In a panel discussion today at TheServerSide Java Symposium, Patrick Curran, Head of the Java Community Process, James Gosling, and Reza Rahman, member, Java EE 6 and EJB 3.1 expert groups, discussed the state of the JCP. Moderated by Cameron McKenzie, Editor of TheServerSide.com, they discussed what's wrong with JCP and ways to fix it.
What's wrong with the JCP?
Reza Rahman was quite supportive of the JCP. "I work as a consultant, and it's much better than getting a decision made a large company," Reza commented. He gave the JCP "Five stars" and explained that as an individual, he was able to have an impact on things that mattered to him.
Cameron asked, "Now all these JCP problems came after Oracle acquired Sun, right?" To which the crowd had a good laugh, and the panel all agreed many of the JCP problems existed under Sun. How is the JCP handled differently under Oracle than Sun? "Pretty similar," said James. Oracle "tends more towards practicality" said Reza. "I'm glad to see things moving again, we've got several new JSRs filed," Patrick commented.
How to Fix It?
They all agreed greater transparency is a top issue. Without it, people assume sinister behavior whether it's there or not. Patrick said that currently spec leads are "encouraged" to be transparent, and the JCP office is planning to submit JSRs to change the JCP process so transparency is mandated, both for mailing lists and issue tracking. Shining a light on problems is the best way to fix them.
Reza said the biggest problem is lack of a participation from the community. If more people are involved, a lot of the problems go away. "Developers are too non-chalant, they should realize what happens in the JCP has an direct impact on their career and they need to get involved." Reza commented.
During Q&A, someone asked how a developer could get involved. They answered: Pick a JSR you are interested in and follow it. To start, you could read an article about the JSR and comment on the article (expert group members do read the comments). Or read the spec, discuss it with others and post a blog about it. Read the Expert Group proceedings. Join the JCP (free for individuals). Open source projects have code that you can download and play with, download it and provide feedback. Patrick mentioned that the JCP really wants more participation. "One way we are working on it is that we are encouraging JUGs to join the JCP as a group, and that makes all members of the JUG JCP members," Patrick said.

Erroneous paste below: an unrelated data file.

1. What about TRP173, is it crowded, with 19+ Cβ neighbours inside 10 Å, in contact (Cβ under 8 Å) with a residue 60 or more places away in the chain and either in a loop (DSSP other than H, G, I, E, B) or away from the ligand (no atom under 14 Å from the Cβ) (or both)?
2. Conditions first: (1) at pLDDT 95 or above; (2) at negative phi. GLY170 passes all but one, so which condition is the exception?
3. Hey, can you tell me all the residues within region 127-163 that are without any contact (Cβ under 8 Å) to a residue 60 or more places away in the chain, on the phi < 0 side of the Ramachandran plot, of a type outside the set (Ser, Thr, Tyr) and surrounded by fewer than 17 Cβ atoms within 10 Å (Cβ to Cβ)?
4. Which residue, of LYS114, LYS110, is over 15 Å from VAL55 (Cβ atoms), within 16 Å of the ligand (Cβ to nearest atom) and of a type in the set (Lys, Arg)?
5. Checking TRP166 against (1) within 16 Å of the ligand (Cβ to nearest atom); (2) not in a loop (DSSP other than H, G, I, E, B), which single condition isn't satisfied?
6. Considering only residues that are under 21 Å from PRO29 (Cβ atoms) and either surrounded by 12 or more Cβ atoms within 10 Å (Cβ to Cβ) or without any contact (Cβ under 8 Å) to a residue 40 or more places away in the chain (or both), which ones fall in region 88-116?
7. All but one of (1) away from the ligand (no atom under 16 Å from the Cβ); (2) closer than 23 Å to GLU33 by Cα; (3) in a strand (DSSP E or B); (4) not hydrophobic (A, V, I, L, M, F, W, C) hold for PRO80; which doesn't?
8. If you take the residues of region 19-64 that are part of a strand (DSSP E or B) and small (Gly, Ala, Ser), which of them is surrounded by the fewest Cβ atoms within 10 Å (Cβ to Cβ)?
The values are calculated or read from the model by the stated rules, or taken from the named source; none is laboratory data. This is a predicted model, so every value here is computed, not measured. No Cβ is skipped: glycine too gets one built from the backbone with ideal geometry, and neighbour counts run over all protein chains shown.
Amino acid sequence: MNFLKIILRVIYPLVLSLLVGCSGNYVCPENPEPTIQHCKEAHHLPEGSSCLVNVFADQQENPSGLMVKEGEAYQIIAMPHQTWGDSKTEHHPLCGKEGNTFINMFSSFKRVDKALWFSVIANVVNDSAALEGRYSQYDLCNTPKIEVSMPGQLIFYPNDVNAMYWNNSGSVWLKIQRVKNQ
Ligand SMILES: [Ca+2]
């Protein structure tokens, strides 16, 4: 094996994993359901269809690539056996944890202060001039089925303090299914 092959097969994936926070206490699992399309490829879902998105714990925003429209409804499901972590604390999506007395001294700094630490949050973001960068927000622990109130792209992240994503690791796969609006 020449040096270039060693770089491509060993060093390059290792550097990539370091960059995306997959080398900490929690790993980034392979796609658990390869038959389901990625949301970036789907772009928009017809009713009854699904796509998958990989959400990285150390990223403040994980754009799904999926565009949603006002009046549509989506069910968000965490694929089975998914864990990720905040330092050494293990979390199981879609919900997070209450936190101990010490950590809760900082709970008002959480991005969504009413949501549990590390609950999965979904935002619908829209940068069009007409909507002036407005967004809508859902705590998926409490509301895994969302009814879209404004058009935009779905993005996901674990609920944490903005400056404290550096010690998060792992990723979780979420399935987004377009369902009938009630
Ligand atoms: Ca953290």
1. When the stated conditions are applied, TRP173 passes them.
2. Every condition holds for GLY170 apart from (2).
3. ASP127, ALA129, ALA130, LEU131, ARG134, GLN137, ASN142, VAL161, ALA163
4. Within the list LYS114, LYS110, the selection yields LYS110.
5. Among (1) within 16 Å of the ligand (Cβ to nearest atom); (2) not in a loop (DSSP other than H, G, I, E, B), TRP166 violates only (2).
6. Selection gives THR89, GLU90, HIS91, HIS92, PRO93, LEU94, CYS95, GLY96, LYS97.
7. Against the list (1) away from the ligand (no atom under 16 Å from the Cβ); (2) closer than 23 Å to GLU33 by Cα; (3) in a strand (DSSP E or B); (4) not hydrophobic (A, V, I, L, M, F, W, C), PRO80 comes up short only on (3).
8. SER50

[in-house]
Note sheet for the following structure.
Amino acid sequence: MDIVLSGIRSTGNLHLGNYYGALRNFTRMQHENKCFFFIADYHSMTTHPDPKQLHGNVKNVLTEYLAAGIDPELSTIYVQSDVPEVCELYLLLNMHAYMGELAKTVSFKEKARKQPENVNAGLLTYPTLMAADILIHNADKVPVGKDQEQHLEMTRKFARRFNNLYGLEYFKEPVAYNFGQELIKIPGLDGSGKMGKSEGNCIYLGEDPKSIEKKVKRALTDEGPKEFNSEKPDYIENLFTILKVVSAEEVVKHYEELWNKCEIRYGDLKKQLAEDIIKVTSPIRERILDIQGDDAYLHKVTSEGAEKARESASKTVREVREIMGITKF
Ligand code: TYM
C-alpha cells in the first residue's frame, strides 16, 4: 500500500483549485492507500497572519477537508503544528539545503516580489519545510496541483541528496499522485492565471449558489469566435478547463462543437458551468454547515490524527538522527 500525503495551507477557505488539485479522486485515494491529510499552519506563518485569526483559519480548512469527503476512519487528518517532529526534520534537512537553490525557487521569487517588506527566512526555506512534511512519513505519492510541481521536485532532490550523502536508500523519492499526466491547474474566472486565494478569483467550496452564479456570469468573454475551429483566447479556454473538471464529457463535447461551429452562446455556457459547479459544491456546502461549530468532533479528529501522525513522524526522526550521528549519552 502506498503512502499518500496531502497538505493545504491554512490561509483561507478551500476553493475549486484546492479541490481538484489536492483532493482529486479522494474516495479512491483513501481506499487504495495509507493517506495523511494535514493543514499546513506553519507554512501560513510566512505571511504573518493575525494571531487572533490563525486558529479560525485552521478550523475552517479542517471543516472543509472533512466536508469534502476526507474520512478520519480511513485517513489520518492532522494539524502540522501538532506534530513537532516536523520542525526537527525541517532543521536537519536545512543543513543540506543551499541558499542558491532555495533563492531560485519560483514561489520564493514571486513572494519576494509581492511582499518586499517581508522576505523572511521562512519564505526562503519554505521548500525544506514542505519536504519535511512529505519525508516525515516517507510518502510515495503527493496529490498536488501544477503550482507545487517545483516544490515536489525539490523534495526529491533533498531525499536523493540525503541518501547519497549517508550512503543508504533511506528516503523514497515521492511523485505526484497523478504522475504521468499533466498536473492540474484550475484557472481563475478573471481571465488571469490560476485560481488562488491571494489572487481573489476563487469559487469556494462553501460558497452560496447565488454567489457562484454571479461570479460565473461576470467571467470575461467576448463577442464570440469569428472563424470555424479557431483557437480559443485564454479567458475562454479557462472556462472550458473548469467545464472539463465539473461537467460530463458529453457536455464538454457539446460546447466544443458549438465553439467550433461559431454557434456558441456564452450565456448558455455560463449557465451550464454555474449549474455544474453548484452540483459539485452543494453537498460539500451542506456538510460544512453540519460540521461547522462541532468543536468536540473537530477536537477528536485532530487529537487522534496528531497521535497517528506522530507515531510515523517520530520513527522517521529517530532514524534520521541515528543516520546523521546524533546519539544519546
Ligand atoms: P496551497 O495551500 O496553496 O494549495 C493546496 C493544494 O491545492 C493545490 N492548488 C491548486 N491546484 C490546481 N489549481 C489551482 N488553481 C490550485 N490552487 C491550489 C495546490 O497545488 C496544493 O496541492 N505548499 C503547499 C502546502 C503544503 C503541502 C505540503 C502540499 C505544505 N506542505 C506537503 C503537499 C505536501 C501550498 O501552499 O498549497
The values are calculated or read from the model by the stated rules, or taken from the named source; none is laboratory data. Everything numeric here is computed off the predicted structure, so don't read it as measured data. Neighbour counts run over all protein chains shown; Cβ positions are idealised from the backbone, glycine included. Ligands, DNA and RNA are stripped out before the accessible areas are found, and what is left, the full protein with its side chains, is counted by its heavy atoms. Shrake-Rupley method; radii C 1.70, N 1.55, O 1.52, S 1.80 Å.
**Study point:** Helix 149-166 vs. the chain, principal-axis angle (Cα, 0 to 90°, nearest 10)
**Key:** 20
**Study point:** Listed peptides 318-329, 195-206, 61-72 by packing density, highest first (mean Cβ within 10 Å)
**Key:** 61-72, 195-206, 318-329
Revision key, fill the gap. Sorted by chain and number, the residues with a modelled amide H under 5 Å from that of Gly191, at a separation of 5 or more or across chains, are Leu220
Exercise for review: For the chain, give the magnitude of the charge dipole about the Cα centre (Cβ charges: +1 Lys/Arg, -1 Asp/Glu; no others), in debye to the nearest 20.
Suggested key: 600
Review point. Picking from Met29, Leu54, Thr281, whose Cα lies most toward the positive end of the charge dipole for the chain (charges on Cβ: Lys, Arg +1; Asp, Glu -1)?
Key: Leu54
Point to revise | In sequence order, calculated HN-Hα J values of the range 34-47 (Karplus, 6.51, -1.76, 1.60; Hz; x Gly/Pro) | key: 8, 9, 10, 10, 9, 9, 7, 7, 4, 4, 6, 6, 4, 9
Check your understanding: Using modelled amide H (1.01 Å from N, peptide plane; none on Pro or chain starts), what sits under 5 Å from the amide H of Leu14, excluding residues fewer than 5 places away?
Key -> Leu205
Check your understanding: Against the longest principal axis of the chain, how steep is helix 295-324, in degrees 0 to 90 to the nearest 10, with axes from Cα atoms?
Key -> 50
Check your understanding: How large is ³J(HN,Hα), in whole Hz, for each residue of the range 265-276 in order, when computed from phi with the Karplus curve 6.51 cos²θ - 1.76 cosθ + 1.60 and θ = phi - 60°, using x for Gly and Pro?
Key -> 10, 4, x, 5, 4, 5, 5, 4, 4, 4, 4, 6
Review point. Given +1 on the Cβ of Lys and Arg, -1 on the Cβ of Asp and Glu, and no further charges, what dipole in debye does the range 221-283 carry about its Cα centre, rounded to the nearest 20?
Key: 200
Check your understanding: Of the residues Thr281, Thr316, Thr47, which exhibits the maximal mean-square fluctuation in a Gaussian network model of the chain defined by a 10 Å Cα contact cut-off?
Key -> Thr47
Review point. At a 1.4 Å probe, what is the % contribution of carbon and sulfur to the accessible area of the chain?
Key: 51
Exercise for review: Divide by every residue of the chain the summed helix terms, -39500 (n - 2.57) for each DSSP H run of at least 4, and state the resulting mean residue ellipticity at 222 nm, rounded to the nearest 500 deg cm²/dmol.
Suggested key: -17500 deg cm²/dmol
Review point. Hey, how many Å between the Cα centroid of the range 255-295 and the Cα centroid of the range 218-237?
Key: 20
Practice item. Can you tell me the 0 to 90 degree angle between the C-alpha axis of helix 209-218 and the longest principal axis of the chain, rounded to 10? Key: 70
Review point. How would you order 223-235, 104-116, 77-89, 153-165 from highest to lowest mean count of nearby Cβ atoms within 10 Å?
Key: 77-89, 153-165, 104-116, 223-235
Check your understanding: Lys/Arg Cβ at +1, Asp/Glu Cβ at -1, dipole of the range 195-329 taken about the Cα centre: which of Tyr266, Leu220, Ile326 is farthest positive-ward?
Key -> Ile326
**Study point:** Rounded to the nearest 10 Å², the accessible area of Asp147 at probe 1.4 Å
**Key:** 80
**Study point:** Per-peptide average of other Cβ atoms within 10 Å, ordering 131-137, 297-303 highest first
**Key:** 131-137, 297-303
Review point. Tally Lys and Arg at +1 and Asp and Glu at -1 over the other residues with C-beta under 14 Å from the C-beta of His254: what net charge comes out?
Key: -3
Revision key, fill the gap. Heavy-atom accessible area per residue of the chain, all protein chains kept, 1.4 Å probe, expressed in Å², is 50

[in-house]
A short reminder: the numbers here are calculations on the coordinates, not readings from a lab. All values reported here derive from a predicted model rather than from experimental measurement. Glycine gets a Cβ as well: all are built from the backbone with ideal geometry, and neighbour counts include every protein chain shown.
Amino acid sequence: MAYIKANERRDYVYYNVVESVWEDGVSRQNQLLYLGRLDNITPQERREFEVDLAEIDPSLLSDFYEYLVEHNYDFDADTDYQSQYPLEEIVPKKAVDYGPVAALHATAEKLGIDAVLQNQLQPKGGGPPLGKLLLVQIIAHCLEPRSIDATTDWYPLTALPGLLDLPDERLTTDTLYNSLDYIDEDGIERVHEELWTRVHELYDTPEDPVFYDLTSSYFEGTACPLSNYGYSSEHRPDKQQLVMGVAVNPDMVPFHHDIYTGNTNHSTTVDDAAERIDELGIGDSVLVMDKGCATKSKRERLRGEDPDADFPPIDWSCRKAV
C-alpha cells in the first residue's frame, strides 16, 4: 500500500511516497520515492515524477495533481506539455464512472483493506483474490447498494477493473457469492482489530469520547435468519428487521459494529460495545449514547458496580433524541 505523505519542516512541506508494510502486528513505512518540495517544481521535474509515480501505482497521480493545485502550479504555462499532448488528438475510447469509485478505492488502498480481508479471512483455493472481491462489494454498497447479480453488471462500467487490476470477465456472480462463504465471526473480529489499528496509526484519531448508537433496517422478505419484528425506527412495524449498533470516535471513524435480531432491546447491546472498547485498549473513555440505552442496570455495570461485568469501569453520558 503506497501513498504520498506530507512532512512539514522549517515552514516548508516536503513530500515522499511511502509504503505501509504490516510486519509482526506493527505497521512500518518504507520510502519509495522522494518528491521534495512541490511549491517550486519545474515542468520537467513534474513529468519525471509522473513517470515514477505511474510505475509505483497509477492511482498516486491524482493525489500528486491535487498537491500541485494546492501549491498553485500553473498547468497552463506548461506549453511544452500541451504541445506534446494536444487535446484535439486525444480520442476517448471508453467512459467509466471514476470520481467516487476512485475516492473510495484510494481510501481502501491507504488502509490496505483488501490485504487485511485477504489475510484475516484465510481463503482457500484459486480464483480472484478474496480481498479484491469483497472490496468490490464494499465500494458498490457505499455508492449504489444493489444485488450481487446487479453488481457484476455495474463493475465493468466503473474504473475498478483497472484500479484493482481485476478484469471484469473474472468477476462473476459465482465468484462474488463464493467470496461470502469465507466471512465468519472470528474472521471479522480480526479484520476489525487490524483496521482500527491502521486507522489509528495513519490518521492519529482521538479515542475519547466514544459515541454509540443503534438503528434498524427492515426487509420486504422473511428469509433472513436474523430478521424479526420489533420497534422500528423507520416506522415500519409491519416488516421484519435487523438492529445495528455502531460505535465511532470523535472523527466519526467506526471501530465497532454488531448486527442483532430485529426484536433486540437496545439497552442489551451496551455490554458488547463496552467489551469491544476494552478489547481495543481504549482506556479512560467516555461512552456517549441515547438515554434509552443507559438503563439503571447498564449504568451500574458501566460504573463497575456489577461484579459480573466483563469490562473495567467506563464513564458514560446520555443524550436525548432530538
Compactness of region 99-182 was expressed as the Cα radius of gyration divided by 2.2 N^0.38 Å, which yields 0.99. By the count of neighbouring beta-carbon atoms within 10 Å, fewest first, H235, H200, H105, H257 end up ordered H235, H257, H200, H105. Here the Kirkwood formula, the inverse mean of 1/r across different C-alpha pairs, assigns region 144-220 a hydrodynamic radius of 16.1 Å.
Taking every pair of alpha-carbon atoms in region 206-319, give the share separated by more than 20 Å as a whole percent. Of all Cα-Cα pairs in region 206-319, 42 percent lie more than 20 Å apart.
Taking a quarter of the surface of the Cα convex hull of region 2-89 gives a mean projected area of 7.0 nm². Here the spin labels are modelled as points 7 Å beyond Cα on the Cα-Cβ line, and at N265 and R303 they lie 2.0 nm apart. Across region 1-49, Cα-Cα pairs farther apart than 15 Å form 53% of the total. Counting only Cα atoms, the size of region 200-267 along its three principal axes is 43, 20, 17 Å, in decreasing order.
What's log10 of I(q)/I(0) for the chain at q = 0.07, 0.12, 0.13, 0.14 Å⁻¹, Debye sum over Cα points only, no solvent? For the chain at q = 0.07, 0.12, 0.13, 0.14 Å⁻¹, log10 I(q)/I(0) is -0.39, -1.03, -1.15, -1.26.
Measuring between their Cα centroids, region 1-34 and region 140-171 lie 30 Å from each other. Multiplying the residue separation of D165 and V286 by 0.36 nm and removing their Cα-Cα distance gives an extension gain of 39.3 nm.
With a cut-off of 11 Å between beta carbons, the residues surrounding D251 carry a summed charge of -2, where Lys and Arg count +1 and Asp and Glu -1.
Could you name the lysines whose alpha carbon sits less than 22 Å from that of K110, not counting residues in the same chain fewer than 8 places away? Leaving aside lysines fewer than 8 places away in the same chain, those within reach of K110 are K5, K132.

They commented that most spec leads are desperate for feedback. "And, please get involved BEFORE the spec is finalized!" James declared. Someone from the audience said it's hard to put valuable time into something before it's baked. Patrick explained that Post Final Draft (PFD) is the time in the JCP process when the spec is mature enough to review but before the spec is finalized. The panel agreed the worst thing that could happen is that most people in the Java community just complain about the JCP without getting involved. Developer Sumit Goyal, conference attendee, thought it was a healthy discussion. "I got insights into how JSRs are worked on and finalized," he said.
The Java Community Process Website http://jcp.org/en/home/index
Article: A Conversation with JCP Chair Patrick Curran
Oracle Technology Network http://www.oracle.com/technetwork/java/index.html
TheServerSide Java Symposium http://javasymposium.techtarget.com/